Want to incorporate classical music appreciation as a weekly component in your homeschool schedule? Come check out my kid-friendly, easy-on-the-parents Music Curriculum. You can try a free sample lesson HERE.
Here are our May Lessons so far:
- The Lark Ascending // Vaughan Williams
- Symphony #5 // Beethoven
- Songs My Mother Taught Me // Dvořák
- The Cuckoo and Aviary // Saint-Saëns
One Big Excuse
Happy Birthday, Mr. Fauré!
Yes, May is Gabriel Fauré’s birthday month, but let’s be real, it was just an excuse to get this gorgeous piece of music on a monthly playlist.
I am nothing if not high-minded and pure in my playlist creation.
Lots of classical music is recognizable from commercials, movies, pop culture, etc. This piece may or may not fall in that category for you, and that’s fun too. I love introducing people to new composers and pieces they may have never heard of. It’s part of the human experience to learn, grow, and expand, and I happen to use music as my vehicle to encourage that – for kids and adults.
Gabriel Fauré is one of the most underrated composers of his day, according to the smart music people anyway, so let’s get to know him and his Pavane.
Turn this on in the background while you keep reading…
Just Dance, Dance, Dance, Dance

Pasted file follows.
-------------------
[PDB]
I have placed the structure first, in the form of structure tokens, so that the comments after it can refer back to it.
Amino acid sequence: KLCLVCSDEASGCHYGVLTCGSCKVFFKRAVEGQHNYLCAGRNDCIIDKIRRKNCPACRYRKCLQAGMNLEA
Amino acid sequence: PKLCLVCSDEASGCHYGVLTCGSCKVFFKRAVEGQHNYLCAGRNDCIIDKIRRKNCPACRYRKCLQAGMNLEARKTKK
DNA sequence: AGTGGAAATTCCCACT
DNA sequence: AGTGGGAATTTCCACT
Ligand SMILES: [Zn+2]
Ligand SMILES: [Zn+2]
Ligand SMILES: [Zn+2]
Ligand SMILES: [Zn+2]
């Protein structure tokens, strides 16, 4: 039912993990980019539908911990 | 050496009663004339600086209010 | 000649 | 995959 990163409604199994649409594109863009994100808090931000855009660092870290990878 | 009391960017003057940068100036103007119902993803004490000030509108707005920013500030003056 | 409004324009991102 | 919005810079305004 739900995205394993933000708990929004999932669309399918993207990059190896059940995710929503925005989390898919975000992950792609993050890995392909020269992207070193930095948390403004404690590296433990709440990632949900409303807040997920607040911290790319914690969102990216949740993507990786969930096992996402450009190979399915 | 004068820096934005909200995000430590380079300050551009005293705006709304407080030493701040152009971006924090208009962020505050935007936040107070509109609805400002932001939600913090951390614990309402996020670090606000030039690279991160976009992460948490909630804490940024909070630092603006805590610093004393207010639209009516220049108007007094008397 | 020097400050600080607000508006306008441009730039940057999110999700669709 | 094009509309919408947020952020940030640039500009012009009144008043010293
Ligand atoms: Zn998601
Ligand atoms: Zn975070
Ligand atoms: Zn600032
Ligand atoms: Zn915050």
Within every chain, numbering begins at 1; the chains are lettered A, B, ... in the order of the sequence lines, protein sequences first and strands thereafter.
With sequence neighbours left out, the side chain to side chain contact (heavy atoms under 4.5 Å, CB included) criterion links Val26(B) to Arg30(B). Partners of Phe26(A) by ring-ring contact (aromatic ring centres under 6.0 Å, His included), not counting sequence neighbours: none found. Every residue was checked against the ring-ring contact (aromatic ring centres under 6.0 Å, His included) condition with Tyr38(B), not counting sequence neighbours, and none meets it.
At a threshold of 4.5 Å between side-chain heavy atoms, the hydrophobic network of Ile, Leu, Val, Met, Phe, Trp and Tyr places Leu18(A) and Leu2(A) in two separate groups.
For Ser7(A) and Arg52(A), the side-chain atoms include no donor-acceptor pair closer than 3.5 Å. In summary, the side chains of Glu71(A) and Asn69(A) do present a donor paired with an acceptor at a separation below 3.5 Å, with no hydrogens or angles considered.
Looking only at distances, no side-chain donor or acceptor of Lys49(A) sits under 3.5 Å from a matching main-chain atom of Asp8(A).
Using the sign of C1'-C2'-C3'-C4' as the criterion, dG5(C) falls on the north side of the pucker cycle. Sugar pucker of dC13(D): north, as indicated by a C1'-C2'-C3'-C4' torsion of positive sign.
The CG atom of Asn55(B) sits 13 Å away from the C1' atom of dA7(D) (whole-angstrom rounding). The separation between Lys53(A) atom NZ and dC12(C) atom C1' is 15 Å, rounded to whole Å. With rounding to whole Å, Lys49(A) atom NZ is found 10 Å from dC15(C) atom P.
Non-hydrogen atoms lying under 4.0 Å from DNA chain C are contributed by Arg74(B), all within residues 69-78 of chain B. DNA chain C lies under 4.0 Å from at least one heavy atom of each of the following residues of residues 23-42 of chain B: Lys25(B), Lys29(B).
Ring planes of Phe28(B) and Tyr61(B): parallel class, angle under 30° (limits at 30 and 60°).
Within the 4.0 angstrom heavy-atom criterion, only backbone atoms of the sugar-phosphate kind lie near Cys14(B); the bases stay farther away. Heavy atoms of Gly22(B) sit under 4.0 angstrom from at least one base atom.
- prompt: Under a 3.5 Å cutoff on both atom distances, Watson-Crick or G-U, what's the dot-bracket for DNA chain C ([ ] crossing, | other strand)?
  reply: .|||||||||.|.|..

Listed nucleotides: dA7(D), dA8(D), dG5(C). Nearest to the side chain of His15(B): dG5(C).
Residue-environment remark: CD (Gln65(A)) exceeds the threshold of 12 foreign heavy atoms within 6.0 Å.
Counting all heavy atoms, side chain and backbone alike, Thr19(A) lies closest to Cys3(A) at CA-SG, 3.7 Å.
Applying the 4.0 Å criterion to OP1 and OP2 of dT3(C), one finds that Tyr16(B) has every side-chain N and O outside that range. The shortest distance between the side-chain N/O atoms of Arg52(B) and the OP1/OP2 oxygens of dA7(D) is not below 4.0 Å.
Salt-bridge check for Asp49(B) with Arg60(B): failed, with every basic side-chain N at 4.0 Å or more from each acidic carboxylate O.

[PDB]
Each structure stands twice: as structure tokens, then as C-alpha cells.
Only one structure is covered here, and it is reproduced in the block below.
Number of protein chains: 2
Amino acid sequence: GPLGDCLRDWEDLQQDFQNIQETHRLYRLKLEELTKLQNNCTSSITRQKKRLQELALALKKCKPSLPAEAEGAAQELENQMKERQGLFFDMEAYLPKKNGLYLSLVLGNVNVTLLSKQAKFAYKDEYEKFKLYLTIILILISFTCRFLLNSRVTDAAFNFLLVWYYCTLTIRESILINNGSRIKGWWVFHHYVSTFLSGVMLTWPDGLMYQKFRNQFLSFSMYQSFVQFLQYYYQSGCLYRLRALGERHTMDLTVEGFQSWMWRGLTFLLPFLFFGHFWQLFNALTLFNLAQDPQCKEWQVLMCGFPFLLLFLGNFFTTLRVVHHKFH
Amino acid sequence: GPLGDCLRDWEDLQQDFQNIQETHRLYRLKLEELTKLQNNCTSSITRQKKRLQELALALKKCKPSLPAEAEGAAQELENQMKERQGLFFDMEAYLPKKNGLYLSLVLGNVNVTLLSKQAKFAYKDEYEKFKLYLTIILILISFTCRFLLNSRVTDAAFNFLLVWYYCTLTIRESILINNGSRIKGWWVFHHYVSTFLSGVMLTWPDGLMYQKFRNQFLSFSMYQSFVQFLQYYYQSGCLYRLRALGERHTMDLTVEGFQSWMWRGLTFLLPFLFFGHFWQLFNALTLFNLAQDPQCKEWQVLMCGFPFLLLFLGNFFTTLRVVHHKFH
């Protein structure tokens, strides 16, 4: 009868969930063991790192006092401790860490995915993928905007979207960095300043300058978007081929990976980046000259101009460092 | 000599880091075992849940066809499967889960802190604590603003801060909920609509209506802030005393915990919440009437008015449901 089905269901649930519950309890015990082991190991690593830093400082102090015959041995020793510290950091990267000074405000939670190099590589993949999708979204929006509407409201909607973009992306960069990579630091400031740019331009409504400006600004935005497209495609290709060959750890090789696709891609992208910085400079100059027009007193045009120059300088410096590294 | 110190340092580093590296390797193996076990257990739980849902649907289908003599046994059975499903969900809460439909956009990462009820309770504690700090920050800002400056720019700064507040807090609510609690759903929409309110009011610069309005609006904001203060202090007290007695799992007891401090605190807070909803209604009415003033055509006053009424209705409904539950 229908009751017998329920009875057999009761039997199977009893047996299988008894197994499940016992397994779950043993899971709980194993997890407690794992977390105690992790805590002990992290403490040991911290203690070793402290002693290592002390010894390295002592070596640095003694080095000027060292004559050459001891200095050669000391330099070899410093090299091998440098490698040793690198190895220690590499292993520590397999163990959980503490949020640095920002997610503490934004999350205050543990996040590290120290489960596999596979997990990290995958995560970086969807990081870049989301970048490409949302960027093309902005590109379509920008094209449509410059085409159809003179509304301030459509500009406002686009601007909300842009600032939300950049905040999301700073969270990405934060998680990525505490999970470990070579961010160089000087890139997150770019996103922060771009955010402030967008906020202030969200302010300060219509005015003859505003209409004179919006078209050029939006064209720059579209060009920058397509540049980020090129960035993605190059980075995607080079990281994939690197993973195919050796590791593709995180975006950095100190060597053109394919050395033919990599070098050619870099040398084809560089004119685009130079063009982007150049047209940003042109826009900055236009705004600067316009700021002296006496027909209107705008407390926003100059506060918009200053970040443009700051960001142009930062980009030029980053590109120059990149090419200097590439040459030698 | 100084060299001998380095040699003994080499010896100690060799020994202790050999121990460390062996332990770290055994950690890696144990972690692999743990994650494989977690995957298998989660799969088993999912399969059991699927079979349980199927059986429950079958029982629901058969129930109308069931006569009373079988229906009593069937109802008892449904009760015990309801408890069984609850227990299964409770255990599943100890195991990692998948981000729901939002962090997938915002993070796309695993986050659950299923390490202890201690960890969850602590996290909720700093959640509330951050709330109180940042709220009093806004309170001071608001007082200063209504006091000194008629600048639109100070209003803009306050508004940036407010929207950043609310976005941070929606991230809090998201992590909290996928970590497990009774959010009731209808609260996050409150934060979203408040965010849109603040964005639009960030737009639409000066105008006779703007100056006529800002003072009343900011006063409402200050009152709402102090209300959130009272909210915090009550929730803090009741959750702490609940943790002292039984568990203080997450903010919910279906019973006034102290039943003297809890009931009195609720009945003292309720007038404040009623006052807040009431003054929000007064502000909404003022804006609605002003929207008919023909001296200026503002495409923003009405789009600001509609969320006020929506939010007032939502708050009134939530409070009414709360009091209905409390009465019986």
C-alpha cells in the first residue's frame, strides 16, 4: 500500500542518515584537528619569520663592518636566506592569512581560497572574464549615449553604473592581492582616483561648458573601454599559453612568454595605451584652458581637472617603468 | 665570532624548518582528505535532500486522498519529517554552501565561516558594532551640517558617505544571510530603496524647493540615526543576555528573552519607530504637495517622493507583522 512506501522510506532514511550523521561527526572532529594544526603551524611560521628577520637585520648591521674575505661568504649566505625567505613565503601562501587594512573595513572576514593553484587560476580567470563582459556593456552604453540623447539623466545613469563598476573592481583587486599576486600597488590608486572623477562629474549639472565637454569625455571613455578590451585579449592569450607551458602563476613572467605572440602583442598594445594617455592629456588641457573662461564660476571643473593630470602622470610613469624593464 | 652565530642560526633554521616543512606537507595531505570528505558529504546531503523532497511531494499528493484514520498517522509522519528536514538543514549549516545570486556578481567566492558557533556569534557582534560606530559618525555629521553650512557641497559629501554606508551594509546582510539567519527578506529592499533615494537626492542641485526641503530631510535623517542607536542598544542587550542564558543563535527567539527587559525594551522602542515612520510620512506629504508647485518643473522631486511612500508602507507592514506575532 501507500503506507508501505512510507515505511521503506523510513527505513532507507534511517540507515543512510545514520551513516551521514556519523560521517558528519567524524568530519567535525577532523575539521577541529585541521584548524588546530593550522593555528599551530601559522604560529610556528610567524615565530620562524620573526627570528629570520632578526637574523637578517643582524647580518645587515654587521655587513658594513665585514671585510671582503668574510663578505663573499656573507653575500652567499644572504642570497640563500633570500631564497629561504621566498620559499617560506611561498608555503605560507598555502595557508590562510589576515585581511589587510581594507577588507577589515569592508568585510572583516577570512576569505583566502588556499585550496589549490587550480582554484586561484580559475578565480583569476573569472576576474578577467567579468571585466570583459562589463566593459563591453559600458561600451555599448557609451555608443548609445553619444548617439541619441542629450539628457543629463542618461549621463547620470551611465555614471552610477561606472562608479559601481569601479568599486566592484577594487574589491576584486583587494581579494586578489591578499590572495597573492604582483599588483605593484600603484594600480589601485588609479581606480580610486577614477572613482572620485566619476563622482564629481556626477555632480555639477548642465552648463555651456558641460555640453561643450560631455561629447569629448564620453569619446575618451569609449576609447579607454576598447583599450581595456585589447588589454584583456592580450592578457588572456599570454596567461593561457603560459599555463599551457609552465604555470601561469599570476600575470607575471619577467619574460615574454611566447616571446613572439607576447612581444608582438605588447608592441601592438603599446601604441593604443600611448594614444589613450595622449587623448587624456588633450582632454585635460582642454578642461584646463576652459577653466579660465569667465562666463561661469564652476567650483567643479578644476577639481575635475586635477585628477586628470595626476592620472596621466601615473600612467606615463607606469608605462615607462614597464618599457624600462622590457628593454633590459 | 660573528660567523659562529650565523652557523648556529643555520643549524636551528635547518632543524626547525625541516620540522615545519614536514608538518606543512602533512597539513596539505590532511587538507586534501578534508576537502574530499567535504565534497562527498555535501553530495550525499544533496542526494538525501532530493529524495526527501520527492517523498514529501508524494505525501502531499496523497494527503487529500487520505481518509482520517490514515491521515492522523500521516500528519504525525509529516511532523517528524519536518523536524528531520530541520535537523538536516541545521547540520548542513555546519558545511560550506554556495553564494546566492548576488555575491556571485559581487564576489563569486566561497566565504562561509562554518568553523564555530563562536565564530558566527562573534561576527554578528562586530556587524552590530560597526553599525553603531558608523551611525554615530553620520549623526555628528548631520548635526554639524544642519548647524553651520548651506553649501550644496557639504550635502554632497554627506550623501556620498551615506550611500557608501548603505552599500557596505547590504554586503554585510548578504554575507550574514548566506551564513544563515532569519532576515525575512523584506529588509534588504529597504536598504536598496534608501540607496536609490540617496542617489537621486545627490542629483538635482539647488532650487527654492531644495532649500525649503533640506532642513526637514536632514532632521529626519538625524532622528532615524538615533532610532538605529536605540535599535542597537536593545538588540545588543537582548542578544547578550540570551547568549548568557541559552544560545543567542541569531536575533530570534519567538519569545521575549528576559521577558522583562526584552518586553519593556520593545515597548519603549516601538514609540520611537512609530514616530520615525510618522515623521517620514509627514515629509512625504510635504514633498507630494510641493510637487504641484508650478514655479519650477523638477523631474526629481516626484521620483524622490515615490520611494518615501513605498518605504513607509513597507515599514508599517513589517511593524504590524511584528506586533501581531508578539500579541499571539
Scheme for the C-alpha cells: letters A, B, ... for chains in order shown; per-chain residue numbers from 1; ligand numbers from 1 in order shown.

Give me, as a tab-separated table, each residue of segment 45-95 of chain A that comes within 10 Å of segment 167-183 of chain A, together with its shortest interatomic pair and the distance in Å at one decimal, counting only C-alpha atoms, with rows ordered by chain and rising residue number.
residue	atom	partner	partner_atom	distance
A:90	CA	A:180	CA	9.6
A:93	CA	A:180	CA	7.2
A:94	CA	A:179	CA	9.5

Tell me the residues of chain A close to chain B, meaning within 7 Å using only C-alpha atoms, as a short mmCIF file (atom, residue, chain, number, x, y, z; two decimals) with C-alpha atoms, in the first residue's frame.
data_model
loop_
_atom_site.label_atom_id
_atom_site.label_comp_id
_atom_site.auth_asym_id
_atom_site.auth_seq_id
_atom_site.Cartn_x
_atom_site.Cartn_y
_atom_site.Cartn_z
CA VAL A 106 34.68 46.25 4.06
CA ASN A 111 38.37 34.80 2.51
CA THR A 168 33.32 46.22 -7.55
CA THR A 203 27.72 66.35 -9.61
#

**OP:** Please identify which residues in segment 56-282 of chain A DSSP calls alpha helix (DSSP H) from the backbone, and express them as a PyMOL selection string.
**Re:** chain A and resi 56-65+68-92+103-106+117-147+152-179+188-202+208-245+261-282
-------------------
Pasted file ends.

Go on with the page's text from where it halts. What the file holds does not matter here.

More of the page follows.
Let’s talk about the word Pavane. It’s a thing, not just a title. A dance, in fact. Let’s call it the Virginia Reel of the 16th and 17th century European courts.
What? You don’t know the Virginia Reel either??? Did you not have square dancing as a P.E. rotation in elementary school??
A Pavane was a lovely little dance the fancy people did in palaces across Europe. Pavanes originated in Italy, and lots of composers wrote music for them. Fauré’s contemporary, Maurice Ravel, wrote a famous one called Pavane for a Dead Princess. Which is not as depressing as it sounds, believe it or not.
Want to see what a pavane looks like? You might have a Renaissance Festival moment:
One of the big myths about classical music is that it is all really serious. Not so, and this is exhibit A.
SO MUCH CLASSICAL music was written for dancing. Party music. Entertainment music. Nothing more. We act like it’s fancy now, but a lot of it wasn’t that fancy then.
Since composers often were keen on where their bread was buttered, they wrote dancing music to keep the fancy people entertained. Polkas (we’ve talked about two here and here), waltzes (here), and pavanes were all pieces expressly written for dancing.
There are lots more dances including, and I kid you not, the fandango. The fancy people were nothing if not committed to variety.
What The Patron Wants…
Fauré took his inspiration from the Spanish courts for this particular pavane. He originally wrote the piece only for piano but eventually added a full orchestra. He also added lyrics and a chorus, upon the request of his patron, Countess Greffulhe. She was his bread-butterer, so to speak, so if the Countess wanted a chorus, Fauré was keen to produce a chorus.
(The Countess was a pretty fascinating lady, in fact. Tomorrow’s newsletter will include more about her! Hop on my mailing list if you haven’t already.)
I always love good mash-up, so how about we finish today with a little Fauré meets Sia? It’s like those Grammy Awards collaborations, if only Gabriel could time travel: